Four more years


But policies still expected to remain the same

Four years ago, in a historic election, President Obama was elected with a much bigger margin than the narrow one which gave him victory and the trust of the American people for another four-year term. The Republican aim of making him a one-term president failed and his rival Mitt Romney conceded victory gracefully. With a four-year education behind him President Obama should know exactly what he has to do and how he should go about doing it. In his first term, he had taken over from an unpopular predecessor with the economy in shambles and the country mired in two disastrous wars — both undertaken on faulty premises. Now he takes over from his own four years of trying to put things right in a nation deeply divided and with his rivals controlling the House of Representatives. Afghanistan is not quite behind him, the war on terror against radical Islamists goes on and Iran is as unresolved as ever. Those who have voted for him did so because they think that he will do what is best for Americans in the United States — and this will be the focus of his next term.

With the European Union fragmenting, China facing possible financial and political problems and Russia still looking inwards, the US remains the primary power in the world. All the talk about the limits of power, economic meltdown and a flawed foreign policy does not change the fact that the US has an enormous technological advantage, great influence over the world’s financial institutions and the resilience to do what needs to be done to fix its domestic situation to give Americans jobs and prosperity. These basic truths need to be borne in mind by those who frame foreign and economic policies. President Obama will reshape foreign policy and while doing so he will relook at the war on terror and the US relationship with the Islamic world with the realisation that not all Islamists are radical, nor are all radical Islamists terrorists. With elections in Iran next year, President Obama will seek to move into a pragmatic policy shift moving away from ultimatums and towards negotiations. He will reassess the Afghanistan situation realistically and again move towards settlement with or without Karzai. The Middle East policy has been taking shape after Libya and the US haves been leaving it to ongoing events to determine outcomes. In fact, this may be the dominant trend — letting people in other countries determine their own future without the US getting involved in wars and other messy situations. The economic and political interaction with Russia and China will continue and the ‘pivot’ to Asia and the new Silk Road ideas may be modulated.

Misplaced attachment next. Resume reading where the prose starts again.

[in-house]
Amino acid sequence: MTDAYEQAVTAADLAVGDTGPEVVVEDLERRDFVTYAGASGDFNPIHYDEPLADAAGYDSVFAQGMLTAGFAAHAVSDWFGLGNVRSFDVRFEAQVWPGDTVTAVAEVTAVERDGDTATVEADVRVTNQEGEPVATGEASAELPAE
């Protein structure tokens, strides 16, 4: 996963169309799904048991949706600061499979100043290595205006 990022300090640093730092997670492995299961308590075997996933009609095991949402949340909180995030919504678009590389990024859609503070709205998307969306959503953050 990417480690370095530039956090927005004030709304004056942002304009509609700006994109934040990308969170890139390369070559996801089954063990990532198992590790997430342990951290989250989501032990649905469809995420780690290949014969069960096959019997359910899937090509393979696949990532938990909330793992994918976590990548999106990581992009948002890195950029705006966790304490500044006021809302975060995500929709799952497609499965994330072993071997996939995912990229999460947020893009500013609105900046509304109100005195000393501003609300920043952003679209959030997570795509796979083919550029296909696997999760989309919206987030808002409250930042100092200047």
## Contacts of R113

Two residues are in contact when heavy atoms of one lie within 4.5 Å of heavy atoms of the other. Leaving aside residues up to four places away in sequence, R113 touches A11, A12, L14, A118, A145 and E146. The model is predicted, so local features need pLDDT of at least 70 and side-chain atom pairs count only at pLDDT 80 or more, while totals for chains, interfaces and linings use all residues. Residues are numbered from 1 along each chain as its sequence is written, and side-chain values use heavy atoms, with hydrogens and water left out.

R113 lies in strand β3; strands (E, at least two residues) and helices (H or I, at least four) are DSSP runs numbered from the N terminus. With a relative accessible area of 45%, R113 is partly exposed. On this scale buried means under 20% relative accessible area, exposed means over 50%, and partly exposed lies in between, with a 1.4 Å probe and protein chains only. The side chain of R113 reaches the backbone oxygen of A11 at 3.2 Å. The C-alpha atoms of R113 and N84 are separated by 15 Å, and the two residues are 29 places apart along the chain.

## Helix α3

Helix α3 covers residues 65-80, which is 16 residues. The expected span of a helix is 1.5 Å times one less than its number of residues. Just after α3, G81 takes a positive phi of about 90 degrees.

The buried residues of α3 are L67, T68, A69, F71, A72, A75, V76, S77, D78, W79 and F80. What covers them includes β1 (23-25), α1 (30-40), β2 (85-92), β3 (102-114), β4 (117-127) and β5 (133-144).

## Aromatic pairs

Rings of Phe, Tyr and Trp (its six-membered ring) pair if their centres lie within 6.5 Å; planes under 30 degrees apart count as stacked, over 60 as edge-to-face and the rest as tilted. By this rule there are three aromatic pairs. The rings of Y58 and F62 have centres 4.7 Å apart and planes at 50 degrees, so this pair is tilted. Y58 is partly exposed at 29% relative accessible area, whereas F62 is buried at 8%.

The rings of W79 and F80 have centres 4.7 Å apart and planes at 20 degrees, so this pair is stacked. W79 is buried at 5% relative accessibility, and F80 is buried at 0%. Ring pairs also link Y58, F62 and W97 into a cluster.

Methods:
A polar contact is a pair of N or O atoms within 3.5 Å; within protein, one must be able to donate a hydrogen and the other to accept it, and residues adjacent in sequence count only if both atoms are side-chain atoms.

For Pakistan it is important to understand the likely US policy trends to determine and actively pursue its own interests — and forging a good relationship with the US should be a primary goal. Unless this is done, the US policy towards Pakistan may end up as being transactional or one of indifference or it may become hard line with clearly spelt out demands, especially if our dependence on the US for an economic bailout continues and grows. The only star in the US policy towards South Asia in the last decade should not be its strategic relationship with India — Afghanistan gives Pakistan an opportunity to be significant and an improved internal security situation and realistic bilateral relationships with regional countries can change ongoing dynamics in our favour. Bipartisan consensus on the major challenges facing the country has to be the first step regardless of elections and political transitions.

Spearhead Analyses are the

result of a collaborative effort and not attributable to a single individual